INDIANAPOLIS — This coming weekend marks the one-year anniversary of social and criminal justice protests that began peaceful enough in downtown Indianapolis but devolved into two nights of rioting that left two people dead, more than 100 downtown businesses and buildings damaged and more than eight million dollars in costs and financial damages.
What has Indianapolis learned in the last year…and has it left us a better place?
“It still feels the same to me,” said Kyra Harvey of BLM/Indy Ten who was one of the plaintiffs in a federal lawsuit that forced IMPD to change it protest response tactics. “Whether we won the lawsuit or not, I still feel like with IMPD or not what happened last year I still feel like they’ll be aggressive and be aggressors like they were last year.”
“We got to learn from that,” said IMPD Chief Randal Taylor. “We got to listen to some people that we don’t typically get an opportunity to listen to. They made their voices known.”
“I know we’ve come a long way in a year’s time,” said Mayor Joe Hogsett. “I think in many ways we as a community are more transparent than we ever have been before.”
The plywood over the broken windows is down, only faded outlines of the protest graffiti remains on the Soldiers & Sailors Monument where the first demonstrators rallied on the night of May 29th, Bodacious BBQ at the corner of Pennsylvania and Market Streets will never reopen because looters trashed the restaurant minutes after diners fled on the second night of rioting and more storefronts inside Circle Center remained locked and empty following the twin disasters of the COVID pandemic shutdown and the sacking of the retail center both nights during the last weekend in May.
“It was somewhat of a surprise, but I guess it wasn’t totally unexpected,” said Chief Taylor. “I guess I wasn’t so surprised that things kind of came up and got traction.”
All across America, protesters outraged by the murder of George Floyd at the hands of a Minneapolis police officer took to the streets at the end of May in civil unrest that lasted throughout the summer in some places.
In Indianapolis, demonstrators had already walked the north side weeks before following the fatal officer involved shooting of Dreasjon Reed who a special prosecutor and grand jury determined fired at an IMPD officer while fleeing a traffic stop.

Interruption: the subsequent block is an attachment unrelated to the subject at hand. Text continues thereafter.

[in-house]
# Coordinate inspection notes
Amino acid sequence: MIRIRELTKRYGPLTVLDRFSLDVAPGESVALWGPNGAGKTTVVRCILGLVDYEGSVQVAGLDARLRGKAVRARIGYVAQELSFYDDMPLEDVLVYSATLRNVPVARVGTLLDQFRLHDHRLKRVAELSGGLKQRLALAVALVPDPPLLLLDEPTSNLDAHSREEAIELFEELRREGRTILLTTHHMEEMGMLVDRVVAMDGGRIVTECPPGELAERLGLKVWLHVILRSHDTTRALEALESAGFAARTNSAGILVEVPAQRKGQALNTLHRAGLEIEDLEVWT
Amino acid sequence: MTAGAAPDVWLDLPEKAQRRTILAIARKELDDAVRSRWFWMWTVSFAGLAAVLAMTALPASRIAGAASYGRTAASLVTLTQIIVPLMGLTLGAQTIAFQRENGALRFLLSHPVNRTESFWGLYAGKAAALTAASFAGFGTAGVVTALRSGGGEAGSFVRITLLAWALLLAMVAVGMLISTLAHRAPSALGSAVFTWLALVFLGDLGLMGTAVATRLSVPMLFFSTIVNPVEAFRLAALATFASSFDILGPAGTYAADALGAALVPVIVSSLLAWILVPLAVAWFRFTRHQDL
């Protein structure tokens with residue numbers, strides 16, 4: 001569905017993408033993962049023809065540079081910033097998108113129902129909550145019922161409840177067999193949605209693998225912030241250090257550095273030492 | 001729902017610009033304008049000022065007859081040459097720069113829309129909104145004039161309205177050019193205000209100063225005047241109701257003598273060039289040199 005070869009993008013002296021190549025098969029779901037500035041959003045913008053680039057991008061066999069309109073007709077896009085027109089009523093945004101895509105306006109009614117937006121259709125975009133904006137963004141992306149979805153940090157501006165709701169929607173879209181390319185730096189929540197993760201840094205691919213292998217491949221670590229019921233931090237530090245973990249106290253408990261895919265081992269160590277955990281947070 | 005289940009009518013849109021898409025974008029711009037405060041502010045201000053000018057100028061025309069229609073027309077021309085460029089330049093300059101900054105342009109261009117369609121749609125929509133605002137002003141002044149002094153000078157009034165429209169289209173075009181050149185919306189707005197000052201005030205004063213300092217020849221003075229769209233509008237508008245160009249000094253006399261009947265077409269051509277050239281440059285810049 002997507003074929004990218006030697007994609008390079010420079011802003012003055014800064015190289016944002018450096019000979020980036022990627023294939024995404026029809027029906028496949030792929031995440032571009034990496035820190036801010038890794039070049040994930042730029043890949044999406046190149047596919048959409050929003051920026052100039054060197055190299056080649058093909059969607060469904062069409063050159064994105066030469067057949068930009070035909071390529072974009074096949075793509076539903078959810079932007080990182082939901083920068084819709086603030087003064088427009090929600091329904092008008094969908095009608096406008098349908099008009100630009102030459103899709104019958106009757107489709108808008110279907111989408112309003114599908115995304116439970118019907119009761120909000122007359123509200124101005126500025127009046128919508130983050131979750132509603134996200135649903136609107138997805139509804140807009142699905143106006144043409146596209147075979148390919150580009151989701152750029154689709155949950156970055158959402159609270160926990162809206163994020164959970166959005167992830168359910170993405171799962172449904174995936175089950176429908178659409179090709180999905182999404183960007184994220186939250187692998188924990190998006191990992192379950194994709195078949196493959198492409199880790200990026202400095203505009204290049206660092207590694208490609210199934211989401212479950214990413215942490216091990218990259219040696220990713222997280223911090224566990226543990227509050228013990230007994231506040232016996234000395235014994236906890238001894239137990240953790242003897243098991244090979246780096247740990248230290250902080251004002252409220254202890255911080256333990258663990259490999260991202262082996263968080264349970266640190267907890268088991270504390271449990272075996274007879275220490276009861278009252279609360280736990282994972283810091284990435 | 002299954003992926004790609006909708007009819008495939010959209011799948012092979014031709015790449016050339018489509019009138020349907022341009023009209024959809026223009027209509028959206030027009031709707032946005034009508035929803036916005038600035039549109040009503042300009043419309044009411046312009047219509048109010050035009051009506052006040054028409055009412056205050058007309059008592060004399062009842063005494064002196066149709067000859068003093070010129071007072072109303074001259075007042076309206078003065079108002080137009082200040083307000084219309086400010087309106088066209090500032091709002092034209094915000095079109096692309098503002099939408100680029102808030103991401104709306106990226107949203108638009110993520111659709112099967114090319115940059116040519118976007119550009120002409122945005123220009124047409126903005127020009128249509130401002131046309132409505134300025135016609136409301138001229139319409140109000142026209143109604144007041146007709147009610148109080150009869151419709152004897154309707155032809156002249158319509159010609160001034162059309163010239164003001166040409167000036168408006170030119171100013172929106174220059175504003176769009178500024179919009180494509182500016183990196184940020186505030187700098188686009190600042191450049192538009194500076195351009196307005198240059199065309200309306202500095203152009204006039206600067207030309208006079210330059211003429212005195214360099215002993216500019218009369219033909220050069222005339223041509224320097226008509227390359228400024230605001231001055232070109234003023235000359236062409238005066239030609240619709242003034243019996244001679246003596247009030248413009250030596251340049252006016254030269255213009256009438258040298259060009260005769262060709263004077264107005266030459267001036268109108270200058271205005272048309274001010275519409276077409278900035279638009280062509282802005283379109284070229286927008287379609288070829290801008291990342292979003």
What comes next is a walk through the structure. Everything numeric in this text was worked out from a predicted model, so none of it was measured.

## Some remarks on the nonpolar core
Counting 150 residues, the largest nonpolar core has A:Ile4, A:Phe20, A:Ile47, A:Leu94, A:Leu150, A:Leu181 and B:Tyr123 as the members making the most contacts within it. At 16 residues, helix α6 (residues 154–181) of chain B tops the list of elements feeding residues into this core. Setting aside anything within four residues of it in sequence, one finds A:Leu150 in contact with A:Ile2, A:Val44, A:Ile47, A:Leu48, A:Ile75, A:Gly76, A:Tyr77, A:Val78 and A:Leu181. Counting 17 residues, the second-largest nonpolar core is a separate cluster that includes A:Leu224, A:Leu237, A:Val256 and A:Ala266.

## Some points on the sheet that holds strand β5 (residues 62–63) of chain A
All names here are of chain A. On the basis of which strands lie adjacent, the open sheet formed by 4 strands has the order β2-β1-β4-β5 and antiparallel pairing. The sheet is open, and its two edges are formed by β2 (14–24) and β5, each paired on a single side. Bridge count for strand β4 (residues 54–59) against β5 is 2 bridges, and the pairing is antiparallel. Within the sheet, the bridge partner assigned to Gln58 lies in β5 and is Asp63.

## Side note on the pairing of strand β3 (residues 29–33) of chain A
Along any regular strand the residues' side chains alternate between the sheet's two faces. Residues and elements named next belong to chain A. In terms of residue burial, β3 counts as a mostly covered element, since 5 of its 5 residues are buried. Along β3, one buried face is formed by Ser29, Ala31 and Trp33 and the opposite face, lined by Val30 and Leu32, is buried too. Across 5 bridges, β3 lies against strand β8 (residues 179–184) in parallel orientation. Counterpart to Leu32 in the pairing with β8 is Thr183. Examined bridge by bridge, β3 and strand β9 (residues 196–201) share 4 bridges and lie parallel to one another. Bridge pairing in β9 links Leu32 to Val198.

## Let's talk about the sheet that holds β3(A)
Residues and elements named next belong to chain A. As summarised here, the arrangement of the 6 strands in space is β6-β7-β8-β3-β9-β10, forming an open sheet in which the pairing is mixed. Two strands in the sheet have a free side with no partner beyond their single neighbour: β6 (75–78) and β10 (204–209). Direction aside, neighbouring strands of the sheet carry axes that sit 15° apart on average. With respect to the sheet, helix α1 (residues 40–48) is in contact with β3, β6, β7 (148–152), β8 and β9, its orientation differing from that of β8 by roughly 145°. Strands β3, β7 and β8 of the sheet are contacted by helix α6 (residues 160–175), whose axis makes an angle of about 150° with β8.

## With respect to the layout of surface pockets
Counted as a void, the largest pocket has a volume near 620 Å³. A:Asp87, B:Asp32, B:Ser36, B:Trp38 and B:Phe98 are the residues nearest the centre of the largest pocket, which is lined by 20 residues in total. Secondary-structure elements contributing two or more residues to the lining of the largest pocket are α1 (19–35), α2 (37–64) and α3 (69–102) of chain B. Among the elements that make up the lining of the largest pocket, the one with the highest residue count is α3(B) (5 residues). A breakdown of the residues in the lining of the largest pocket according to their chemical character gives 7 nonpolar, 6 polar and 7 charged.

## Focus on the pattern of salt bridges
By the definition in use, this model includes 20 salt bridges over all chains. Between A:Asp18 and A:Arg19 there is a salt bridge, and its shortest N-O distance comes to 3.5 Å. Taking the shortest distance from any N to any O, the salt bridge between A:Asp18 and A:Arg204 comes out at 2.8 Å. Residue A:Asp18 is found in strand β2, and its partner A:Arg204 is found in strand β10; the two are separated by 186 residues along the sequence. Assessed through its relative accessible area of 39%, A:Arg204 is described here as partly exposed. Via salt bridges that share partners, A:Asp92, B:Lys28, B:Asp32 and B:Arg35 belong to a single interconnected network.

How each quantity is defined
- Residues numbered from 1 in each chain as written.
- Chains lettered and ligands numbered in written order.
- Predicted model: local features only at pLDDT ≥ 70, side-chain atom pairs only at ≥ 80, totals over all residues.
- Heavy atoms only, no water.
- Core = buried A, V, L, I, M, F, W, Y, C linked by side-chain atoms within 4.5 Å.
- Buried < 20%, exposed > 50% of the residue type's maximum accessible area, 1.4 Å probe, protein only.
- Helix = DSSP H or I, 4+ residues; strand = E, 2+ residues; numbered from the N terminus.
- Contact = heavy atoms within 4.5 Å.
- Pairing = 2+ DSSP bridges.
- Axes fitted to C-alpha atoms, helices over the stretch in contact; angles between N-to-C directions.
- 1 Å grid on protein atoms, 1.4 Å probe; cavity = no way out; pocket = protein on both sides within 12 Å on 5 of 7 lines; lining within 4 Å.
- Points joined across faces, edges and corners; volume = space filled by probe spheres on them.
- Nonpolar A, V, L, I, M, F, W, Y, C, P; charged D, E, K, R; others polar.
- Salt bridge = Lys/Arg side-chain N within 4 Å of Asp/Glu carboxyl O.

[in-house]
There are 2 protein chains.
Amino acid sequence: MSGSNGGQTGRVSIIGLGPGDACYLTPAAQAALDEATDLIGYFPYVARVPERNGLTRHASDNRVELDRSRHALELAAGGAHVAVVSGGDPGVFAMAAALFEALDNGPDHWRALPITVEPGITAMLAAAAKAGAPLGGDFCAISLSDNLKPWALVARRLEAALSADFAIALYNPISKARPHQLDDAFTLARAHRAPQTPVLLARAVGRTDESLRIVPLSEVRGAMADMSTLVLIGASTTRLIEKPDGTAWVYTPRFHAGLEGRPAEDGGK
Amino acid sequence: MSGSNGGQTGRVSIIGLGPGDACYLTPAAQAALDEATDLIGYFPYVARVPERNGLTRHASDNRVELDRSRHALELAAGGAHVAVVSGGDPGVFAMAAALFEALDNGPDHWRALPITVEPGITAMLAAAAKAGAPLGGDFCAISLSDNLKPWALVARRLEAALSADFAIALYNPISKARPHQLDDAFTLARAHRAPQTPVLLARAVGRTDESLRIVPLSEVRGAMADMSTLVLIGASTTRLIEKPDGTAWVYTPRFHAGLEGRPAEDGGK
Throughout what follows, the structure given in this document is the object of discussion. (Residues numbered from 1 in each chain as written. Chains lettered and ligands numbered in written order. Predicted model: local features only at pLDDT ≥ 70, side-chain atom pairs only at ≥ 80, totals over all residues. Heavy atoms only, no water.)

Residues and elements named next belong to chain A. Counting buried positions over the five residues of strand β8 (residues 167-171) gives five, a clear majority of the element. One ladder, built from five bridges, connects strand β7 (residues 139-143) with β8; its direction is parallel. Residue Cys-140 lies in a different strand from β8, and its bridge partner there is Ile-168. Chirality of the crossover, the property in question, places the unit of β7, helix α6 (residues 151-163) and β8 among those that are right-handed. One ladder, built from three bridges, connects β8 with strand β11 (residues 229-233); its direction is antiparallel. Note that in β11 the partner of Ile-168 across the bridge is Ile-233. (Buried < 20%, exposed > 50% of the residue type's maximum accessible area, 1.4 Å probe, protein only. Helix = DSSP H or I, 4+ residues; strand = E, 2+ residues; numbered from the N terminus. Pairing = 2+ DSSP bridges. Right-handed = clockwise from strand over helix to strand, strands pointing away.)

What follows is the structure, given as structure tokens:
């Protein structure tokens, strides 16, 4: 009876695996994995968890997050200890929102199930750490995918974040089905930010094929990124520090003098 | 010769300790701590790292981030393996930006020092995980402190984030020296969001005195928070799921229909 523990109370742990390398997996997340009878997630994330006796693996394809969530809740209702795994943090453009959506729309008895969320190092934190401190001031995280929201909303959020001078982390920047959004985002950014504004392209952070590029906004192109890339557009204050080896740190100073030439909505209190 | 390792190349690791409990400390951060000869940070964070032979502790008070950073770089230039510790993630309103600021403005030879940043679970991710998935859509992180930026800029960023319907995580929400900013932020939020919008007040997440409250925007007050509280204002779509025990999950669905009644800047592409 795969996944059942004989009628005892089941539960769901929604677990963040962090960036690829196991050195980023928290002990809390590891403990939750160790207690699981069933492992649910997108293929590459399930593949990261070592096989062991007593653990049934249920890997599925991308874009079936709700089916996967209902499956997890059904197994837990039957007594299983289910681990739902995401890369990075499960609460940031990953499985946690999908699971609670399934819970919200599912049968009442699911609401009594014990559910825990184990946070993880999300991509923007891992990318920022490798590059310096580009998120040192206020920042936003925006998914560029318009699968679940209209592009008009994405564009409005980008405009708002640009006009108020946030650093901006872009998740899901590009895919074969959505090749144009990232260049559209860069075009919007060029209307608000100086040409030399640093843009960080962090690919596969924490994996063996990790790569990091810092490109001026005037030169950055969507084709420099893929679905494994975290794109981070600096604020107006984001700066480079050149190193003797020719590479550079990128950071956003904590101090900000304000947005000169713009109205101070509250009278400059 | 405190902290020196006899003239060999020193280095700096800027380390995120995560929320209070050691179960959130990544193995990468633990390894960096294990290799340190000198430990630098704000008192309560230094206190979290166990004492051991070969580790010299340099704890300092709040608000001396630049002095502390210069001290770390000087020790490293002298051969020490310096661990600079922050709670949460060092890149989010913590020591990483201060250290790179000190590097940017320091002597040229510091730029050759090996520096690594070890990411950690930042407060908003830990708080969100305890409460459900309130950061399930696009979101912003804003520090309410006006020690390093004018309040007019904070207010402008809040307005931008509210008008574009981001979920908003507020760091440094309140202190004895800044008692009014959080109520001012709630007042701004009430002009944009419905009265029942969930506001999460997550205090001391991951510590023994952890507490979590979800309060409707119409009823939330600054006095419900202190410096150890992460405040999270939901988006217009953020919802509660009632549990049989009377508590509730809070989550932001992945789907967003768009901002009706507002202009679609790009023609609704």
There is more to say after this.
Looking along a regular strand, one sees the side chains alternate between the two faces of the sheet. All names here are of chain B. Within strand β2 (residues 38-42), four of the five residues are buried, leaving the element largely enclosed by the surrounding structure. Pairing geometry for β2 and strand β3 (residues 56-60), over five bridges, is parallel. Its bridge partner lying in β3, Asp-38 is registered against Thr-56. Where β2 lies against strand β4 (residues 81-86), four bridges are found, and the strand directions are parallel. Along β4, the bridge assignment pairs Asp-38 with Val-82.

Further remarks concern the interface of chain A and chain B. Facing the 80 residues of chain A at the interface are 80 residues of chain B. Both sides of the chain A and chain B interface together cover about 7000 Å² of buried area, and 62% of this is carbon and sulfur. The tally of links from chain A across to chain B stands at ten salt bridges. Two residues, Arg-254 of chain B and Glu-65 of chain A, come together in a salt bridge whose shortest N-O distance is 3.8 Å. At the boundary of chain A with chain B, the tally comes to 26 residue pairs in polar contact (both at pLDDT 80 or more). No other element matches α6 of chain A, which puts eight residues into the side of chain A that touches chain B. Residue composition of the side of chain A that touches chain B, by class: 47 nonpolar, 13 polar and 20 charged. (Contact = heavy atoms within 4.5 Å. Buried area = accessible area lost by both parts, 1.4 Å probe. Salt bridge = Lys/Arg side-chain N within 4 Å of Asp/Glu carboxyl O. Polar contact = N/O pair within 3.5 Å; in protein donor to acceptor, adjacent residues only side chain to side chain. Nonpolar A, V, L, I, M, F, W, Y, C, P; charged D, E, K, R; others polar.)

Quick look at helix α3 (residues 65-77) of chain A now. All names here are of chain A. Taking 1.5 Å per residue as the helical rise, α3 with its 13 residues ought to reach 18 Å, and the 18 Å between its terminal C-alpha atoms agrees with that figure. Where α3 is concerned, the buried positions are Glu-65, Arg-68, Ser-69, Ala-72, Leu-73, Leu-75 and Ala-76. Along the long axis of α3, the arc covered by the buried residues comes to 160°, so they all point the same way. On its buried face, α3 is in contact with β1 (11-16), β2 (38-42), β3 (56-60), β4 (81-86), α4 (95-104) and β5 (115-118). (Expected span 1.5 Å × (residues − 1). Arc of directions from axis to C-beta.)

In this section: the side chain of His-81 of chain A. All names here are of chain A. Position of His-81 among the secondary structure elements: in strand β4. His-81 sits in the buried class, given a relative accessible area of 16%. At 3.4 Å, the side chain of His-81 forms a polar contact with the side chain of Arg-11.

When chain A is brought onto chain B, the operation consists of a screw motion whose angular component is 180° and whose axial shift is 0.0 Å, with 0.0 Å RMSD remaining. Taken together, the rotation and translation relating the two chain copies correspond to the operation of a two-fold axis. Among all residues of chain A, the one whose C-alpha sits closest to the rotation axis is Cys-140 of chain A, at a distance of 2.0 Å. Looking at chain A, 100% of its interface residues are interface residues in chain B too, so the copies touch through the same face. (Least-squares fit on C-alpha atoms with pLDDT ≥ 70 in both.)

“I think the conditions that we were under a year ago still exist,” said Jessica Louise, leader of a BLM/Indy Ten rally on Monument Circle earlier this month, “and that’s due to city leadership and the police and the FOP continuing to use reactionary measures in regards to the public. Some of the things we suggested seven years ago in regards to taking care of the officers, making sure the transparency and accountability happen, have still to be refused.”
Mayor Hogsett told Fox 59 News that some of the community demands for more citizen involvement in IMPD rule making and internal investigations have been met.
“Just this past weekend the General Orders committee with citizen participation had a full weekend of training as did our Use of Force Review Board with civilian participation. We are still ramping our Citizens Police Complaint Review Board, so, many of the commitments we have made over the last year, I think, have made us a more transparent, more open.”
“We see IMPD does the same thing after a killing,” said Harvey. “They want to give us more diversity training. They want to give us more police reform that they call themselves doing and nothing ever changes. What we want is accountability.”
It had been more than two decades since police in Indianapolis deployed tear gas in response to crowds refusing to disperse from city streets.
The IMPD reaction to three days of crowds downtown last spring when chaos ensued after dark and rocks and bottles flew as fires were set and the sound of gunshots echoed through the heart of the city led to reforms and more intensive training for police officers.
“Our officers did an outstanding job in some pretty incredible circumstances and I’m proud of the work they did,” said IMPD Assistant Chief Chris Bailey. “Obviously we can always get better. We can look at what national best practices are.
“We have to continue to contact and make contact with the people that organize these events so we can establish a relationship before anything happens and kind of set boundaries and ground rules ahead of time.
“There are few things that we could do better like making sure that people hear our announcement before using chemical agents and that we do more traffic control and bike patrols rather than officers in riot gear and things like that. We’ve spent a few weeks training, not only with our officers here but officers from other parts of the region so that we’re all on the same page and so we’re using the United States government’s standard field force training operations.
“The businesses in our city on the whole paid the price for that weekend and a lot of hard lessons learned there but we’ll be prepared in the future to make sure that doesn’t occur.”
“There’s encouraging news from this time last year,” said Sherry Seiwert, President of Downtown Indy, Inc. “Things are opening up and people are beginning to respond, the weather’s warming up, so, all of those signs point to we’ll begin to see people want to get out of their houses and support businesses.
“Downtown is getting incrementally better.”
From that first Monday after the weekend of riots, Seiwert and her staff were out surveying the damage to the downtown area and asking merchants what they would need to reopen.
Seiwert also heard from the community that made its frustrations known throughout downtown that weekend.